Well, here we are guys. Criterion has released the name and info of the films that are slated for November. Some of these titles have me very excited, and another one of these looks down right amazing (though I doubt that I’ll ever get it). It also looks like we’ll now be getting dual-format releases, with both Blu-ray and DVD! Take a look:
Greta Gerwig is radiant as a woman in her late twenties in contemporary New York, trying to sort out her ambitions, her finances, and, above all, her tight but changing bond with her best friend, Sophie (Mickey Sumner). Meticulously directed by Noah Baumbach with a free-and-easy vibe reminiscent of the French New Wave’s most spirited films, and written by Baumbach and Gerwig with an effortless combination of sweetness and wit, Frances Ha gets at both the frustrations and the joys of being young and unsure of where to go next. This wry and sparkling city romance is a testament to the ongoing vitality of independent American cinema.
- New high-definition digital master, with DTS-HD 5.1 Master Audio on the Blu-ray
- New conversation between filmmaker Peter Bogdanovich and the film’s cowriter and director, Noah Baumbach
- New conversation between actor and filmmaker Sarah Polley and the film’s cowriter and star, Greta Gerwig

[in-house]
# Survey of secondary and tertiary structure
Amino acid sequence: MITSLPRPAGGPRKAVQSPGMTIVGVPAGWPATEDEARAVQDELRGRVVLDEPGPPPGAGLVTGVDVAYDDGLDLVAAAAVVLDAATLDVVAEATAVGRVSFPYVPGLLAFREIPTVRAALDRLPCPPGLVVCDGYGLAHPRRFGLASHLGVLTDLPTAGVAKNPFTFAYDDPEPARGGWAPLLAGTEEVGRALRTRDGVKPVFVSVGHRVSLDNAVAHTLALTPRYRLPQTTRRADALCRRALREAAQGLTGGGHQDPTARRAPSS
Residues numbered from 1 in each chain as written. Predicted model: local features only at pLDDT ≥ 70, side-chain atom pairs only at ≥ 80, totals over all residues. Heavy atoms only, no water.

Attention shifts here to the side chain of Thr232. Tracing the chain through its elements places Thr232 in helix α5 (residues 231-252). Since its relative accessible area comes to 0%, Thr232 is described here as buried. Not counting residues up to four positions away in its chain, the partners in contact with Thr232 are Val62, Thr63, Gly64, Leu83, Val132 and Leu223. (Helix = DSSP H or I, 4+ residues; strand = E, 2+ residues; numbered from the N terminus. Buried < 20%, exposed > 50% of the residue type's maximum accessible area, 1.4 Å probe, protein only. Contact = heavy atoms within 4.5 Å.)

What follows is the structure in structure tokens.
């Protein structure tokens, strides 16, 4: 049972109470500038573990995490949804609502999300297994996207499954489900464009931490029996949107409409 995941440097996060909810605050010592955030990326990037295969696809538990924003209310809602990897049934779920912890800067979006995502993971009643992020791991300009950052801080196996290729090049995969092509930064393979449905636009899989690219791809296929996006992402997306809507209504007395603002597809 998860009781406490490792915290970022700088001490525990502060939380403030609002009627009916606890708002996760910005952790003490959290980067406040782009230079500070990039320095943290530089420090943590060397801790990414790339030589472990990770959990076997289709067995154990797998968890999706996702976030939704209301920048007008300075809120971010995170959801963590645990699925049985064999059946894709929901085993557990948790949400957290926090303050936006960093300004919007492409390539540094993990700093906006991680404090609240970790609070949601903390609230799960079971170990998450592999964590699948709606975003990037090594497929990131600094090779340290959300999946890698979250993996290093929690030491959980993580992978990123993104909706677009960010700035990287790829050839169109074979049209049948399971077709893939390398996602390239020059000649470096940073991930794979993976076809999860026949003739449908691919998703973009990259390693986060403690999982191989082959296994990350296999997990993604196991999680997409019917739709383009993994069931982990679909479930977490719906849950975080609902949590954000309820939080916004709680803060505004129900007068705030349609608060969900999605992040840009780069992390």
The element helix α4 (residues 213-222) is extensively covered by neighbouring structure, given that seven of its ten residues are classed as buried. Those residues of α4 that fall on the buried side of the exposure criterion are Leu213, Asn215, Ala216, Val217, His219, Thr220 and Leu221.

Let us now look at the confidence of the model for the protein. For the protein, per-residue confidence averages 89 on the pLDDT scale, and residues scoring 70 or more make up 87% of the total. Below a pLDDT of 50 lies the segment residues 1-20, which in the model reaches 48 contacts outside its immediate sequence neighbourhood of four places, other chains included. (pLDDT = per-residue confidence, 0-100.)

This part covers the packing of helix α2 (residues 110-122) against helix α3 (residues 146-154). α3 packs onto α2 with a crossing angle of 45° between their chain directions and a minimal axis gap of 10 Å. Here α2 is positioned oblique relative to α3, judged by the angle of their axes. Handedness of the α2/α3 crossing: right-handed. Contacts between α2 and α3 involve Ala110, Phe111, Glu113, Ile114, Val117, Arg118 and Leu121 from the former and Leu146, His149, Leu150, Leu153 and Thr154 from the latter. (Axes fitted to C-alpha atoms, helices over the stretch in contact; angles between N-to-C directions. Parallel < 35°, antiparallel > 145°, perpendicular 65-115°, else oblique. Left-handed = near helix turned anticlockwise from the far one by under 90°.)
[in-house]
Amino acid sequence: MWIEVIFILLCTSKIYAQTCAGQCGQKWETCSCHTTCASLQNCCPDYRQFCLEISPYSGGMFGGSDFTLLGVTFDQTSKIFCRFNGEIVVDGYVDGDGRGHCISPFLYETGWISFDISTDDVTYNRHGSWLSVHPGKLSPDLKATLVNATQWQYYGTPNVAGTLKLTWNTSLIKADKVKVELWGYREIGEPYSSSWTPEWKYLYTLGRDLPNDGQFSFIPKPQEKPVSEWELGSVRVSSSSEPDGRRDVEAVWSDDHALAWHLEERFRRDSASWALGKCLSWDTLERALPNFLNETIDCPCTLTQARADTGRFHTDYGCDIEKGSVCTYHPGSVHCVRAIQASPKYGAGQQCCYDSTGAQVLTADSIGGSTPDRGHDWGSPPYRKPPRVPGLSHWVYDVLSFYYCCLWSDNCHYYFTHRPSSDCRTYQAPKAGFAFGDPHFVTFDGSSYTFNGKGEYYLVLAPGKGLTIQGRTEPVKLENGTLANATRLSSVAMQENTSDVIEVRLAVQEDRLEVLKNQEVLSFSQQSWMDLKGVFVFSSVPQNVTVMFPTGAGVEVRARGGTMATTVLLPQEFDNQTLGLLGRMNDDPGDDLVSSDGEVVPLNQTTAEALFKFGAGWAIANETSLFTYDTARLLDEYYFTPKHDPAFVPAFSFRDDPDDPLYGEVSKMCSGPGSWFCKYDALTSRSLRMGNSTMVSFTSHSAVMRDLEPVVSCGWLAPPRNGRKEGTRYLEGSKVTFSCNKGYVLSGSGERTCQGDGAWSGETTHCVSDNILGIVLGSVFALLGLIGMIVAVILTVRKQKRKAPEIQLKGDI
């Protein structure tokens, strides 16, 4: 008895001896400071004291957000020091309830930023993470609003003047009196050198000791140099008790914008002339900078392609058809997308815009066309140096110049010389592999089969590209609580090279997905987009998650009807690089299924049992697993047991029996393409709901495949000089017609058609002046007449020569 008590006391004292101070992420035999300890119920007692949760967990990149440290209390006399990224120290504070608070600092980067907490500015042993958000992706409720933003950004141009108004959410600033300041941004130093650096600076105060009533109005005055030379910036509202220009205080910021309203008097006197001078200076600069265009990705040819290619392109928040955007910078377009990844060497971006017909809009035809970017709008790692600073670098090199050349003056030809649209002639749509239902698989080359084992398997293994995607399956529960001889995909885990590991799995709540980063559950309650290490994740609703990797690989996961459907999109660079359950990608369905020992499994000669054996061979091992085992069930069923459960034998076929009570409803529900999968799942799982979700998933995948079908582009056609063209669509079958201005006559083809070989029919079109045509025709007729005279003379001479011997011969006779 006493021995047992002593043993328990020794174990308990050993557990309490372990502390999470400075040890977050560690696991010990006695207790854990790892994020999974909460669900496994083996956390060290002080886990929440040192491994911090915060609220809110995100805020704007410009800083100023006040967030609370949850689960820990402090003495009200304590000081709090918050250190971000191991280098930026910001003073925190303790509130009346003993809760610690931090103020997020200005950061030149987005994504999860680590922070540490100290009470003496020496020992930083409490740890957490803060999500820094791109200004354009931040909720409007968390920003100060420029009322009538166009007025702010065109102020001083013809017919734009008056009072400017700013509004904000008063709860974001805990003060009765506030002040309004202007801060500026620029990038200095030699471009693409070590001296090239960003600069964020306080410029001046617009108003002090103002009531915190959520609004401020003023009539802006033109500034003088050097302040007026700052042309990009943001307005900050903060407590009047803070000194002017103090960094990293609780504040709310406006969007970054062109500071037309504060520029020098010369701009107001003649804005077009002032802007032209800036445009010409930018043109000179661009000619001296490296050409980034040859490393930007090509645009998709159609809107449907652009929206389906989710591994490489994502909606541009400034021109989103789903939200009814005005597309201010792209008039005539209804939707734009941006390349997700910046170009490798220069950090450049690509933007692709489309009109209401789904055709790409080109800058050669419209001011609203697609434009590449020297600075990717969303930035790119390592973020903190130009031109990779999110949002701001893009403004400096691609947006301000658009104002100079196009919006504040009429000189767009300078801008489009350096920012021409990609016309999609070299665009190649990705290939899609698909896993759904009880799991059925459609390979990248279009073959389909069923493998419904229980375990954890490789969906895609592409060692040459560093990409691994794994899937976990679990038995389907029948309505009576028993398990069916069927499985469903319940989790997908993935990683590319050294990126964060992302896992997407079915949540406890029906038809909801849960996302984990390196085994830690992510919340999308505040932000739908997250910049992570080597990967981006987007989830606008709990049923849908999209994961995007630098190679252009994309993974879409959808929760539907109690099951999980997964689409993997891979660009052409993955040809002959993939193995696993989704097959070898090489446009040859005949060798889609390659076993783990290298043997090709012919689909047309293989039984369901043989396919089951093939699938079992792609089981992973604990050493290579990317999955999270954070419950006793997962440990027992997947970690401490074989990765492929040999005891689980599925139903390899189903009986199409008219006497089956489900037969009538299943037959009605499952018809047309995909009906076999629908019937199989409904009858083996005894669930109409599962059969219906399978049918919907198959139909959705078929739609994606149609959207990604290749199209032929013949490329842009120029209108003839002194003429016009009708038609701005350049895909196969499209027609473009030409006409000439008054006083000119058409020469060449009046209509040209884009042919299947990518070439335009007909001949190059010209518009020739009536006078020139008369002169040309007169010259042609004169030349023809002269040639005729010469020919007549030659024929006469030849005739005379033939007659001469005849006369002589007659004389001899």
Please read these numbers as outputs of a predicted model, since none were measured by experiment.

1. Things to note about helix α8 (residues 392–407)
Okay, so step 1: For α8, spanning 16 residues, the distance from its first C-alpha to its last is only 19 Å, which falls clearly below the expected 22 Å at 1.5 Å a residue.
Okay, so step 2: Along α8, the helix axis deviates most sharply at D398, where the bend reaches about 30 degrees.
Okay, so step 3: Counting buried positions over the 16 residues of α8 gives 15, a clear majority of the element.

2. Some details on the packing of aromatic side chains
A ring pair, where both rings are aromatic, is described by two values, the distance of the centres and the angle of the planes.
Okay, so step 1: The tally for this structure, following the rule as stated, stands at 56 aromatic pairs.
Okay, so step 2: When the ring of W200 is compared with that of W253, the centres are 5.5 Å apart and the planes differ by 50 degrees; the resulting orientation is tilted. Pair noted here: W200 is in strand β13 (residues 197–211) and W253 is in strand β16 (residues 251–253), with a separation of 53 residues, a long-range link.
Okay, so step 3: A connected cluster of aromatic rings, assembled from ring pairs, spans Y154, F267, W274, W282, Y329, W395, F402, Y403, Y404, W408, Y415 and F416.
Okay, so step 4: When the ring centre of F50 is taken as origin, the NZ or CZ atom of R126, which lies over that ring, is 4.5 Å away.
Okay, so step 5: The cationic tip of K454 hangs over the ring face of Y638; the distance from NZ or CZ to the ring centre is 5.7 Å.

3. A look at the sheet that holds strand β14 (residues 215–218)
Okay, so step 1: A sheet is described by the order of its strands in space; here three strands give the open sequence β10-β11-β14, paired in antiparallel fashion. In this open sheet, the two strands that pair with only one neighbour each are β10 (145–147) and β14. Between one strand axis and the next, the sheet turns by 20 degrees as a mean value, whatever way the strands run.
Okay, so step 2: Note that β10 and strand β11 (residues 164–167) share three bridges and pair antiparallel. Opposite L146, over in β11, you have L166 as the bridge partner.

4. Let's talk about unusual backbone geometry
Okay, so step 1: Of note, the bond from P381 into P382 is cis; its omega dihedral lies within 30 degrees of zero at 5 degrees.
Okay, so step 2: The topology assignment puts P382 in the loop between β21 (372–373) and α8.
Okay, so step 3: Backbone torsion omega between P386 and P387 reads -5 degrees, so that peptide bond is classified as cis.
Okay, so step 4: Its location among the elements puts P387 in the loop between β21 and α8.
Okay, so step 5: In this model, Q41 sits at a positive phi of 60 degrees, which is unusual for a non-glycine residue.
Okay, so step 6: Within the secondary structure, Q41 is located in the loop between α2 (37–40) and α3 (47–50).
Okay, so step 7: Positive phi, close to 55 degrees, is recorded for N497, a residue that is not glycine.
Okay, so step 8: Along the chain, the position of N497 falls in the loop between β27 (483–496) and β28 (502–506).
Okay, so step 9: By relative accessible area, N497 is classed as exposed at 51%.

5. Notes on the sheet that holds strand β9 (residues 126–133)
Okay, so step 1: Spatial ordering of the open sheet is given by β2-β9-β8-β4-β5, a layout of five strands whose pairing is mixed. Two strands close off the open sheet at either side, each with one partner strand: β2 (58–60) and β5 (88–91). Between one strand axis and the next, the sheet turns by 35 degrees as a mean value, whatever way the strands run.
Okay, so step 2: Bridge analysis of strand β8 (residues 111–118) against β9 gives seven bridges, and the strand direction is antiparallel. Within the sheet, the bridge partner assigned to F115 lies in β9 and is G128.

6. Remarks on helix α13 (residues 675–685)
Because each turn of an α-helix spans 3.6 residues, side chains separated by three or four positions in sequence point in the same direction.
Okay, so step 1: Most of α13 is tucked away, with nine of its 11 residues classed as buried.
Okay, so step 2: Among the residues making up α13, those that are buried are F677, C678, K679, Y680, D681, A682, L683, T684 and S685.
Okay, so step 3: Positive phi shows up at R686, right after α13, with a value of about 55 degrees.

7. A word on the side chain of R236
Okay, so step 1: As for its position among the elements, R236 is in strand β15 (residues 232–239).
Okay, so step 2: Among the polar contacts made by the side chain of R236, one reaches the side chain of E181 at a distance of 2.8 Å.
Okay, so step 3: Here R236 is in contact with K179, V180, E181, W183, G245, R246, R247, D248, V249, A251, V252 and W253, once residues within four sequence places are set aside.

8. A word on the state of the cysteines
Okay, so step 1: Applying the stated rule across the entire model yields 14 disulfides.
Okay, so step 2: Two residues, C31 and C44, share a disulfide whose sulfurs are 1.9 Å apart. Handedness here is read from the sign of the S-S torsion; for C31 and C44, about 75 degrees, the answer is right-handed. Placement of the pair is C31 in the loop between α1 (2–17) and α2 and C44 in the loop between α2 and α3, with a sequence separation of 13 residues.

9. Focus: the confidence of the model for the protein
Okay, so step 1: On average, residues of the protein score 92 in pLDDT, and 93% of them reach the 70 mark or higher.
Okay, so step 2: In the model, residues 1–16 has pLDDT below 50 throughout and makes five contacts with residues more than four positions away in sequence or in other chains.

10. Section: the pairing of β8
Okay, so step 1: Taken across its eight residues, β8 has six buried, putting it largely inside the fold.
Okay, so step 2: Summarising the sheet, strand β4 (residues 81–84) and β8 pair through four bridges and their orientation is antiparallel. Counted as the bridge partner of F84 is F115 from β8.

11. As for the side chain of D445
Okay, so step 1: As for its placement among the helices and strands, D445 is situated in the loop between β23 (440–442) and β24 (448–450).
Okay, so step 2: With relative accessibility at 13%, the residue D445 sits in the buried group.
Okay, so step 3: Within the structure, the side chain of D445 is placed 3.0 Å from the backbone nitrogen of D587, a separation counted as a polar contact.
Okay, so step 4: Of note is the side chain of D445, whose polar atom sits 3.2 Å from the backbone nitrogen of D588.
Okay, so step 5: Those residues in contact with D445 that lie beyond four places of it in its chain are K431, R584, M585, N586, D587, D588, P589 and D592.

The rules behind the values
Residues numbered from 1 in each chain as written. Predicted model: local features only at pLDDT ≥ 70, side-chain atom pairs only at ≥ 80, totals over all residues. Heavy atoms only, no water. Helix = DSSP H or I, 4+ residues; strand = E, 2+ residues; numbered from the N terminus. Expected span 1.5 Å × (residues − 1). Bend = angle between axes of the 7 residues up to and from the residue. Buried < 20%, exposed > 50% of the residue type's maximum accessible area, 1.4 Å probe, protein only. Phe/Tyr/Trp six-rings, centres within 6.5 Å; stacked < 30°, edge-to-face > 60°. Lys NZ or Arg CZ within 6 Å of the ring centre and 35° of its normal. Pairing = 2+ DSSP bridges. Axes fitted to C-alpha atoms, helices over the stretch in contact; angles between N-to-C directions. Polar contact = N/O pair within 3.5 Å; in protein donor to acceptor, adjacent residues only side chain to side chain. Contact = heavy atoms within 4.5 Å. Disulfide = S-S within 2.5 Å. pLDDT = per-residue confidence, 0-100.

- New conversation about the look of the film between Baumbach, director of photography Sam Levy, and creative director Pascal Dangin
- PLUS: A booklet featuring an essay by playwright Annie Baker
The most cherished film by Charlie Chaplin is also his ultimate Little Tramp chronicle. The writer-director-star achieved new levels of grace, in both physical comedy and dramatic poignancy, with this silent tale of a lovable vagrant falling for a young blind woman who sells flowers on the street (a magical Virginia Cherrill) and mistakes him for a millionaire. Though this Depression-era smash was made after the advent of sound, Chaplin remained steadfast in his love for the expressive beauty of the pre-talkie form. The result was the epitome of his art and the crowning achievement of silent comedy.
- New, restored 4K digital film transfer, with uncompressed monaural soundtrack on the Blu-ray
- New audio commentary by Charlie Chaplin biographer Jeffrey Vance
- Chaplin Today: “City Lights,” a 2003 documentary on the film’s production, featuring Aardman Animations cofounder Peter Lord
- Chaplin Studios: Creative Freedom by Design, a new interview program featuring visual effects expert Craig Barron
- Archival footage from the production of City Lights, including film from the set, with audio commentary by Chaplin historian Hooman Mehran; a costume test; a rehearsal; and a complete scene not used in the film
- Excerpt from Chaplin’s short film The Champion (1915), along with footage of the director with boxing stars at Chaplin Studios in 1918
- PLUS: A booklet featuring an essay by critic Gary Giddins and a 1966 interview with Chaplin